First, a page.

On Thu, 28 Aug 2008 20:24:44 +0100, Rick Hughes wrote:
Plenty of kist available try Maplins. As you say the sensor is the biggest
problem. How about a few square inches of veroboard? Give it a rub over
with some fine sand paper to remove the protective lacquer and connect
alternate strips to each sensor wire. Copper will last for ages outside,
not so sure about the SRPB board that might give up in a year or two.
On Wed, 3 Sep 2008 13:11:16 +0100, whisky-dave wrote:
So why is copper still occasionally used as roofing material if it doesn't
last... I don't think copper oxide, or copper salts depending on the
pollution in your area, are insulators unlike say aluminium oxide.
Main reason is so you don't have to mechanically clean the tracks before
soldering rather than corrosion eating them away. Coatings post assembly
are to stop damp or muck shorting tracks or getting at the board.
Replace the coins sensor with....
A spoon and a tilt switch, spoon should have a small brass tube piece welded
directly in the center of its balance.
take a longish bolt and some nuts that will fit through the brass tube
piece,this nut and bolt will go through a wooden upright support drill on
both sides at exactly the same height,feed the bolt through hole on one side
and screw on 2 nuts,take spoon and feed it on to bolt,put another 2 nuts on
the bolt feed bolt through the other hole and put a last bolt on the end.
Now then tighten the 2 end nuts (1 on the bolt head side) so that the bolt
does not move in the holes,glue(araldite or some strong glue) the tilt
switch to the end of the handle and connect to a buzzer and battery,tighten
the 2 center nuts(possibly need washer either side of the nuts?) against the
brass tube ever so slightly but enough to give the spoon freedom to move.
get some water and pour droplets onto the spoons hollow and it should drop
down forcing the tilt switch to activate the buzzer,the 2 center nuts will
probably need adjusting for sensitivity.
Any good panel? :-)
That came of the top of me head whilst waiting for the kettle to boil.
Complicated, why not use the handle end of the spoon as one contact and a
bolt head as the other. It won't detect light rain fall either, even if
you put a large funnel over the bowl of the spoon to capture more rain.
What you have described is the basis of a "tipping bucket" rain gauge.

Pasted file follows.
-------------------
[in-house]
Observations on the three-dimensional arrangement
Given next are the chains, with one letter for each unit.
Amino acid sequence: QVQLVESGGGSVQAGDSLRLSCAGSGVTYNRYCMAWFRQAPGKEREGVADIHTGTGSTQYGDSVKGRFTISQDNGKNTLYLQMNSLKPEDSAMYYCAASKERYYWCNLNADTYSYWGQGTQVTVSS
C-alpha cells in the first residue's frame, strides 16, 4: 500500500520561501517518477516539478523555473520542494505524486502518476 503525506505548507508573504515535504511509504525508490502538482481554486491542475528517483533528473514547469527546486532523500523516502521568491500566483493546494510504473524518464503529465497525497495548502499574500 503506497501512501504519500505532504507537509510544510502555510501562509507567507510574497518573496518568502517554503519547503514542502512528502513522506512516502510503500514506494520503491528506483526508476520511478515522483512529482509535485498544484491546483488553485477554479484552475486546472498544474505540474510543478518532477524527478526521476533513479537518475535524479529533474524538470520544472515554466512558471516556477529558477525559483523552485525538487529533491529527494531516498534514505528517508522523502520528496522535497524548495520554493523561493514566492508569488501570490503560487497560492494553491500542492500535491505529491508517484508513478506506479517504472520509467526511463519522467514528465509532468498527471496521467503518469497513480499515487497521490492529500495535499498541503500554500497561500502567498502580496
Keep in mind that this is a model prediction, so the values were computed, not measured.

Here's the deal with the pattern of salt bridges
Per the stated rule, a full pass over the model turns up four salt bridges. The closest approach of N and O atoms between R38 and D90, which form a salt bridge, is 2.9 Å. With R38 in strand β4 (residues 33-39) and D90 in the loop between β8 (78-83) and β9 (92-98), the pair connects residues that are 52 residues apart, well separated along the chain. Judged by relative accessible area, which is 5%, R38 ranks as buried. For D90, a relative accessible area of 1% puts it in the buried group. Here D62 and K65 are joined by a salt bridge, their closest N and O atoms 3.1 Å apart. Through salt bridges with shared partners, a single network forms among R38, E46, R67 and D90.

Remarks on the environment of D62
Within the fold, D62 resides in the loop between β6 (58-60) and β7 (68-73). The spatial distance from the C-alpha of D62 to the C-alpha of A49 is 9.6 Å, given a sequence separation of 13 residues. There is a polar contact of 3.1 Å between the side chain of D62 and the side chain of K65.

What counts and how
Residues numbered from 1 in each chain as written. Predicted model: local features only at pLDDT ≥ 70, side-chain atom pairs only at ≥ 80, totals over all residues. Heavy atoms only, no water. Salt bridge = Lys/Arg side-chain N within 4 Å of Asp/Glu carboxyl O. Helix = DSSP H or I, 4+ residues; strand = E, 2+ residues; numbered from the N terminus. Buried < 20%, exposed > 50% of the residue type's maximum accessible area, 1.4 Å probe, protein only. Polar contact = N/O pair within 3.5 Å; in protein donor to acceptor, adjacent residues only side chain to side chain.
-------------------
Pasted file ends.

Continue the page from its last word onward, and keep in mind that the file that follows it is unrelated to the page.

What you have missed is that the bucket (spoon) tips it empties of water
and is ready for the next volume of rain.
This would only signal a pulse to the detector, so that would need to
trigger something to sound the alarm long enough to be noticed. Unlike the
"wet plate" detector which will sound for as long as the plate is wet.
These sort of circuits are generally kids' projects. If you want the
sensor to last you need to avoid any dc on the sensor, to avoid
galvanic corrosion. Generate ac and feed it to the sensor, using it
with another C or R as a voltage divider. Level of output voltage
drops when wet, use that to trigger your yes/no circuit.
On Sun, 31 Aug 2008 08:31:30 +0100, in uk.d-i-y "Donwill" <popple
@diddle .dot> wrote:
Yes, wife has a 206 and its auto wiper works well (provided you can
remember the switch flick-sequence to activate it!). And it's inside, so
doesn't get wet. It detects wetness on the other side of the glass.
Could it use a light beam totally reflected at the glass surface, but
passing through when the surface is wet - or the other way round? It has
a very fast response, generates single sweeps in light rain.
Our Mazda 3 Sport has an optical system. I assume it works on uneven
spread of light when raindrops fall on the outside of the windscreen
where the sensor is on the inside. Trouble is I often drive it in the
dark on unlit roads and if there are not a lot of oncoming headlights it
does not work well enough. My wife tends to use it in daylight and
reckons the system is brilliant.
Optical rain detection systems typically work by launching IR light into the
The light is confined to the windscreen through total internal reflection (TIR)
When there is water present on the windscreen it no longer undergoes TIR,
but is effectively coupled out of the glass, resulting in a drop in the
A simple system, the clever parts are establishing the launch and receive
locations such that the system works reliably without lots of unnecessary
On coming light should not really be a problem providing the operating
wavelength is well chosen and the receiver appropriately filtered. I would
also assume the light source is modulated at a few kHz, which is a standard
technique to reduce unwanted background levels.
The 206 one is not bad, but there are times where a manual sensitivity
control would be useful. Some patterns of rain seem to trigger the
unit incorrectly such that you have to do a manual sweep occasionally.
However, if a large drop of rain from a tree or something hits in the
right location you get a single wiper shot to slurp it up. Usually
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